At the same time Marcus and his group were chasing after Leon after their trap failed to catch him, Gaius was nervously pacing in his room. He had been summoned by his brother Nicomedes again, and given how poorly their last meeting had gone, he was understandably anxious.
About half an hour after the Deathbringers’ Senior Instructor dismissed them for the evening, a runner arrived at the tower from Administration to escort Gaius to his brother. If the runner hadn’t been sent, then it was quite likely for Gaius to be attacked by another unit while he was on the road, and that wouldn’t do for someone who had been ordered to appear before a Tribune.
Gaius arrived at his brother’s office in no time. While he was waiting, Nicomedes had been attending to some paperwork, but he set that aside as soon as Gaius arrived.
“Little brother! Come in, take a seat!” Nicomedes’ office wasn’t that large, but it had several comfortable chairs that Nicomedes and Gaius took advantage of.
Gaius sat perfectly straight and didn’t let a single emotion show on his face. Nicomedes, on the other hand, allowed himself to relax and lean back into his chair. The two brothers sat in silence for several moments, stoically staring at each other.
And then, Nicomedes broke that silence with a light-hearted laugh and said, “You can relax, Gaius. No need to be so formal right now.”
Gaius breathed a sigh of relief and leaned back into his chair. He didn’t let his guard down, but it at least seemed that he hadn’t done anything to make his brother angry.
“I understand your apprehension, but I haven’t called you here to castigate you for anything. In fact, there is something I should’ve said a while ago but work got in the way.” Nicomedes’ easy-going smile vanished, leaving a deadly serious look. Gaius tensed up again, expecting Nicomedes to start shouting, despite what he had just said.
“I must apologize to you for my actions the last time we spoke. I was angry, and I let my anger speak. I scolded you for losing your noble bearing, but I lost mine as well.” As Nicomedes continued, Gaius’ eyes nearly popped out of his skull in surprise. In his seventeen years of life, he had never once heard Nicomedes apologize for anything!
“I scolded you for tarnishing our family’s name, but I hardly acted familial,” Nicomedes continued, leaving Gaius far too surprised to stop him. “I even scolded you for… events, for which that barbarian deserves the blame. For all this, I’m sorry.”
Gaius sat in stunned silence for a moment after Nicomedes finished, and when he realized that his older brother was waiting for his response, he hurriedly said, “That’s fine! I wasn’t exactly as I should’ve…”
“Your self-awareness does you credit. You sound a little more grown-up than the boy that left Lentia half a year ago. A little more like a man,” Nicomedes said with a smile. He then leaned forward and clapped Gaius on the shoulder.
“So, what brought this on?” asked Gaius.
“What? Can’t I simply admit when I was wrong and take responsibility for it?” Nicomedes countered with, a frown appearing on his face.
“You can, but I’ve never seen you so unambiguously apologize before. Usually, you would apologize through actions, not words.”
Nicomedes’ frown disappeared, replaced with an appreciative smile. “You certainly know me well, don’t you? You’re not wrong, I probably wouldn’t have said those things if I hadn’t received two letters a couple weeks ago. One was from His Highness Octavius, and the other was from a friend of mine who works in the Royal Palace who informed me of some actions His Highness August has taken.”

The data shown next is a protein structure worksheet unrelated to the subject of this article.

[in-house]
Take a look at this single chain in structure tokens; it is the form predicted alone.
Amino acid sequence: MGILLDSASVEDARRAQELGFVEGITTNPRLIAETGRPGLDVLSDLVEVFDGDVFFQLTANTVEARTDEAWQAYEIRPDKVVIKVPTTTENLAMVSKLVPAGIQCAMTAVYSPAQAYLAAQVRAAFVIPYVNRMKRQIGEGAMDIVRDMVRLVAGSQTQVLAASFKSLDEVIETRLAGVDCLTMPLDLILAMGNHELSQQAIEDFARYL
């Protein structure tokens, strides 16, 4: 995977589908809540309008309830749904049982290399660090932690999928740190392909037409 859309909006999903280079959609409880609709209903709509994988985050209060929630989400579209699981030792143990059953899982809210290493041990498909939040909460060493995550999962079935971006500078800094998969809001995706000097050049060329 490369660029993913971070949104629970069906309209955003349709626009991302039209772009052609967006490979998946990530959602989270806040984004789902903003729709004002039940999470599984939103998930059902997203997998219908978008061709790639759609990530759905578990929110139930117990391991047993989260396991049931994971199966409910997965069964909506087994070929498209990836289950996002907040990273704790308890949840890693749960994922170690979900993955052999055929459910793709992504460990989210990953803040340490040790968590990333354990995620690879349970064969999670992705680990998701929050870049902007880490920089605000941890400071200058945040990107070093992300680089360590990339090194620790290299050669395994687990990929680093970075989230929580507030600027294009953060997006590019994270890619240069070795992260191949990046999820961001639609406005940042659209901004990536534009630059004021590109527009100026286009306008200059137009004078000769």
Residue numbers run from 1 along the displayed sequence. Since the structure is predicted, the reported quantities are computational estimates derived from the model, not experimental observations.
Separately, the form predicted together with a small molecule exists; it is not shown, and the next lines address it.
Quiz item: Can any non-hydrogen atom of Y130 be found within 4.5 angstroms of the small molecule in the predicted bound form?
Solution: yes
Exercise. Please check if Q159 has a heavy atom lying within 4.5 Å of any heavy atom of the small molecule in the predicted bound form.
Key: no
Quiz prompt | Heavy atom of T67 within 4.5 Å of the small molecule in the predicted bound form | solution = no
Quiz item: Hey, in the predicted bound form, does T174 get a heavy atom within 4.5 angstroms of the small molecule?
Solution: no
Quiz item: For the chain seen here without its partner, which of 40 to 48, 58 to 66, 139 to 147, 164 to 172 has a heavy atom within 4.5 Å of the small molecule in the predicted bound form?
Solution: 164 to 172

Nicomedes paused to retrieve the letters from a locked cabinet behind his desk.
“Here, read these and tell me what you make of them,” he said, handing the letters to Gaius.
Gaius quickly scanned through both letters. His face lit up in joy and he read through the letter from Prince Octavius again to make sure he hadn’t misread.
“Well?” asked Nicomedes.
“His Highness Octavius wants me as his personal squire!” Gaius responded, almost jumping out of his chair in joy. Nicomedes held out his hand to ask for the letters back, and Gaius passed them back to him with his own hands trembling in excitement.
“Does he?” Nicomedes wondered aloud.
“That’s what the letter said, His Highness was asking for me by name!”
“Gaius, settle down for a moment and think about it. There’s a vast difference between a noble family offering one of their own to squire for a Prince, and a Prince specifically asking for one.” Nicomedes’ words cooled Gaius’ head quite a bit, and he leaned back in his chair to think.
“Note that he didn’t ask for my recommendations, or for any specific information about you,” Nicomedes added.
“Then… does he want me as…” Gaius began, but his sentence trailed off as his suspicion sank in.
“He might want you as a hostage,” Nicomedes said, finishing Gaius’ thought. “Father did profess his support for His Highness when His Highness attended Gratian’s wedding, and this might be part of the Prince’s plan to ensure our support for whatever plans he might have.”
“What should I do?” Gaius asked, his voice cracking in panic.
“You’re going to be his squire. We can’t really stop it, so we need resign ourselves to it.”
Gaius stared at the wall with hollow eyes, now dreading the time when his squireship would begin. The rules of the Knight Academy stipulated that in order to graduate, a trainee had to complete a year-long training cycle in the Academy itself, complete a squireship under an anointed knight, and ascend to the third-tier of magic. Since there were trainees already at the third-tier, as well as second-tier mages who would quickly ascend during or not long after the training cycle, the Academy also required that the squireship had to last at least two years.
That meant that Gaius would be directly under the thumb of Prince Octavius for at least two years, and then likely be transferred into his service as one of his retainers. Of course, that was an appointment that Gaius would’ve normally ecstatically celebrated, but if Nicomedes was correct and Prince Octavius only wanted him as a hostage, his knightly career would be closer to a grueling nightmare than a dream come true. He wouldn’t learn much and would more likely than not be assigned menial tasks rather than treated with honor and dignity.
In the worst case, Gaius could expect to be more a prisoner than a squire.